For those of you unfamiliar with the delicious dessert, Nanaimo bars are basically a three-layered dessert. On the bottom, you'll find a mixture of graham crackers, sugar, cocoa, coconut, (usually) walnuts or almonds and butter that bakes into a firm, textured and sweet crust. That's where the oven requirement ends, though. The second layer is a sweet vanilla custard (traditionally made with the very British Bird's Custard Powder), which chills while a bittersweet chocolate ganache is made and eventually poured into a glorious sheet of deliciousness on top. Then you have to wait again for everything to set up - ideally overnight. See why it would be a little bit of an issue in my 45-minute class period?

However, sticking the basic elements into a frozen yoghurt couldn't have been easier. I used the same tofu-yoghurt-cream base as the Confetti Cake frozen yoghurt, adding extra custard powder, corn syrup and sugar to make up for the lack of cake mix. As it churned, in went the "crust" ingredients - graham cracker crumbs, shredded coconut and (in place of ganache) bittersweet chocolate sprinkles that I had found in a little European deli by my house. The mixture passed the "taste test" by my mom (a bona fide Nanaimo bar lover) and I packed it up for school.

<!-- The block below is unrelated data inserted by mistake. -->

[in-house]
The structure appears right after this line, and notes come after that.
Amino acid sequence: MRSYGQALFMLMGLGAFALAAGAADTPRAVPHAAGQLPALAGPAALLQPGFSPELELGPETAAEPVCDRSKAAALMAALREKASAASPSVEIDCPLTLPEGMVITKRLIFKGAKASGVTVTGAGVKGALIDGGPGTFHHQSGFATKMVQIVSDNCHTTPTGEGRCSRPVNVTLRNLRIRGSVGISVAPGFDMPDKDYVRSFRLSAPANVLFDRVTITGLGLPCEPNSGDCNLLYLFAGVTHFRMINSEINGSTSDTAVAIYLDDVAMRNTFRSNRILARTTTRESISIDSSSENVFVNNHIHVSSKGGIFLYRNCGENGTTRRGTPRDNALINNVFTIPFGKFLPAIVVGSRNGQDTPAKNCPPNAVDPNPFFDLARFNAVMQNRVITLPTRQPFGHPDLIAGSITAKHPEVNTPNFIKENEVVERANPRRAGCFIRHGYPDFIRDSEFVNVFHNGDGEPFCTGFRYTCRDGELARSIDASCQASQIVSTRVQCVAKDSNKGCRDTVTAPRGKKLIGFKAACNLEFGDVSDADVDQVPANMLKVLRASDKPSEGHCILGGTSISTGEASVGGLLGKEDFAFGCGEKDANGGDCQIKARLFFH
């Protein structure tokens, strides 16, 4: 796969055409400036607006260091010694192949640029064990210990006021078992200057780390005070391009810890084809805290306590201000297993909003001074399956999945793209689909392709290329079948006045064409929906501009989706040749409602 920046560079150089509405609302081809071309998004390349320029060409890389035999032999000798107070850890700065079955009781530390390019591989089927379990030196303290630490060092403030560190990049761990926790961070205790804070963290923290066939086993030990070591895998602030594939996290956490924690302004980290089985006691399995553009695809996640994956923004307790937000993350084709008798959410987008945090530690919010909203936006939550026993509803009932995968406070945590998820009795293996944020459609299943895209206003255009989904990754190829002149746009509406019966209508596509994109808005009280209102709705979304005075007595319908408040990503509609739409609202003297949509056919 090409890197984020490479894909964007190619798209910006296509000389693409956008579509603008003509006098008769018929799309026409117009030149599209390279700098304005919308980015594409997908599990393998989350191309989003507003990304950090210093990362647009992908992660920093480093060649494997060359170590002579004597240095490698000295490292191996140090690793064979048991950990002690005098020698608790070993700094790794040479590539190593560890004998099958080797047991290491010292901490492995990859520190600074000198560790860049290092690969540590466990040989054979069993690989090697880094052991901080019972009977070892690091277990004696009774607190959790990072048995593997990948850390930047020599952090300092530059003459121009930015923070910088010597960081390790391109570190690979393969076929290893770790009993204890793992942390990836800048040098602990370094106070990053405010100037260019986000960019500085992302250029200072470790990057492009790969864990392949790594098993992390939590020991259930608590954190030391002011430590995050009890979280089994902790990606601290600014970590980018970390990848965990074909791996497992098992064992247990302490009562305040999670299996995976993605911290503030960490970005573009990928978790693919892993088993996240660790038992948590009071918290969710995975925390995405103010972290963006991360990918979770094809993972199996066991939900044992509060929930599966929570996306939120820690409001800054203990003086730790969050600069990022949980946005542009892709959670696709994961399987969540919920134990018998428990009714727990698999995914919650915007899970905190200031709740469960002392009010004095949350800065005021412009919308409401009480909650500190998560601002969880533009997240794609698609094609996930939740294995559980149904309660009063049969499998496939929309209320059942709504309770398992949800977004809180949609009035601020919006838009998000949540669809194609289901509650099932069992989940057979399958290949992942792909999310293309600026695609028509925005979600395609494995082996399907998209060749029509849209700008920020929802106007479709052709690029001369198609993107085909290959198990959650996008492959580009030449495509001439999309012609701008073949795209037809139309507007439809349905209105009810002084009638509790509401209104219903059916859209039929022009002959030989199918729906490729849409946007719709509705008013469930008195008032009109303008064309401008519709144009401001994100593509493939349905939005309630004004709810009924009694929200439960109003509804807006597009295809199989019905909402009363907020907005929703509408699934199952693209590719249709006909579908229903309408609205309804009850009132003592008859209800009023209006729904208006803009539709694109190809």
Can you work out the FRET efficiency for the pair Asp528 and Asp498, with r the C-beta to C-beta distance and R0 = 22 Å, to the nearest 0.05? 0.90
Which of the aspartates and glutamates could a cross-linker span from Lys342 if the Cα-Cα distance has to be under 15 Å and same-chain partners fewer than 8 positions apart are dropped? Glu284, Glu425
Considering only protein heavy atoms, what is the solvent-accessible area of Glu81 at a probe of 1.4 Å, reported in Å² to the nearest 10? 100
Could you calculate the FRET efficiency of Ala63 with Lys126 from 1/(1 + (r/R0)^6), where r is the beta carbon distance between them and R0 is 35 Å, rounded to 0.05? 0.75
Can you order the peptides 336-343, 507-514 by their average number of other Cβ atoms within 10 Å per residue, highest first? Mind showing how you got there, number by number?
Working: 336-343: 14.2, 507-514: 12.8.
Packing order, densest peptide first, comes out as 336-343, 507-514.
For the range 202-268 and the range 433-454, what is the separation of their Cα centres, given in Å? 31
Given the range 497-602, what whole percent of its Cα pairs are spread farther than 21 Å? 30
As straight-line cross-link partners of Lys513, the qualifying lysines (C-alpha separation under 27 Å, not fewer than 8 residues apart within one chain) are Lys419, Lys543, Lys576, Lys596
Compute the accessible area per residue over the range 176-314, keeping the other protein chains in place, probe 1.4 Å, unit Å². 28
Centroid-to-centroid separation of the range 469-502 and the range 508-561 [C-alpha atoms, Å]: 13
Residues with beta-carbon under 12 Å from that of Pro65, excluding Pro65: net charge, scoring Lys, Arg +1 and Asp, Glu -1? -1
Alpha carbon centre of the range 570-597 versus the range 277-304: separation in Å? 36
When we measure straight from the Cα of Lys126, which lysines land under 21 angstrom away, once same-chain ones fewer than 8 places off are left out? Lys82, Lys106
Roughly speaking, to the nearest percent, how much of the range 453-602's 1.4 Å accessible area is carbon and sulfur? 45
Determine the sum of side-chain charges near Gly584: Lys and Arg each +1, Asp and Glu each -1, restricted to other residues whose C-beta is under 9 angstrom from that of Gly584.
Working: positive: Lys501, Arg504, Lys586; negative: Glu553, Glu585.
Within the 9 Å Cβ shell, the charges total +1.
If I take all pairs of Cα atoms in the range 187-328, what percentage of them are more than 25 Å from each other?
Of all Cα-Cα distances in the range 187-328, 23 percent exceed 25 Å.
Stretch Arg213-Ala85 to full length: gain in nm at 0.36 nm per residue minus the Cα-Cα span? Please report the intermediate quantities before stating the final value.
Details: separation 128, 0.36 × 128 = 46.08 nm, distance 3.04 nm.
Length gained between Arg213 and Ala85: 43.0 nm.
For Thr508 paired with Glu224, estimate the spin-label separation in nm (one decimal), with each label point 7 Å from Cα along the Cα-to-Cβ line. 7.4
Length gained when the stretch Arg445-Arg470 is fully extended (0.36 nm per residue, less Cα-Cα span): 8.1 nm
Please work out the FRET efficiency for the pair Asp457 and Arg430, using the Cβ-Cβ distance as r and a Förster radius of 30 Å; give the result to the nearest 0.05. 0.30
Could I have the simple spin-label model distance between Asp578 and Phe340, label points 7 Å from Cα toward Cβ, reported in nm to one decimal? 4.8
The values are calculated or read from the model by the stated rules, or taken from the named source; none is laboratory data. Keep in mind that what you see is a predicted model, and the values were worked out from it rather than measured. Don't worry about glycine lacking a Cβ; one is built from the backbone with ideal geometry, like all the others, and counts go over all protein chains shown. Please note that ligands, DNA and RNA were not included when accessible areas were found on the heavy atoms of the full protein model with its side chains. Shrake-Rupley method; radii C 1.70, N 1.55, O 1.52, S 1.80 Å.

I have never - and I mean never - seen anything in Home Ec disappear that fast. After seconds, thirds and fourths (!), some kids took home the scant leftovers to much acclaim by their parents. It's a good thing we did this at the end of the school year, since I have a feeling I might have been asked to make it a few more times by both young and old!

Wednesday, July 19, 2017

Congrats to the Taste Canada Awards Shortlist!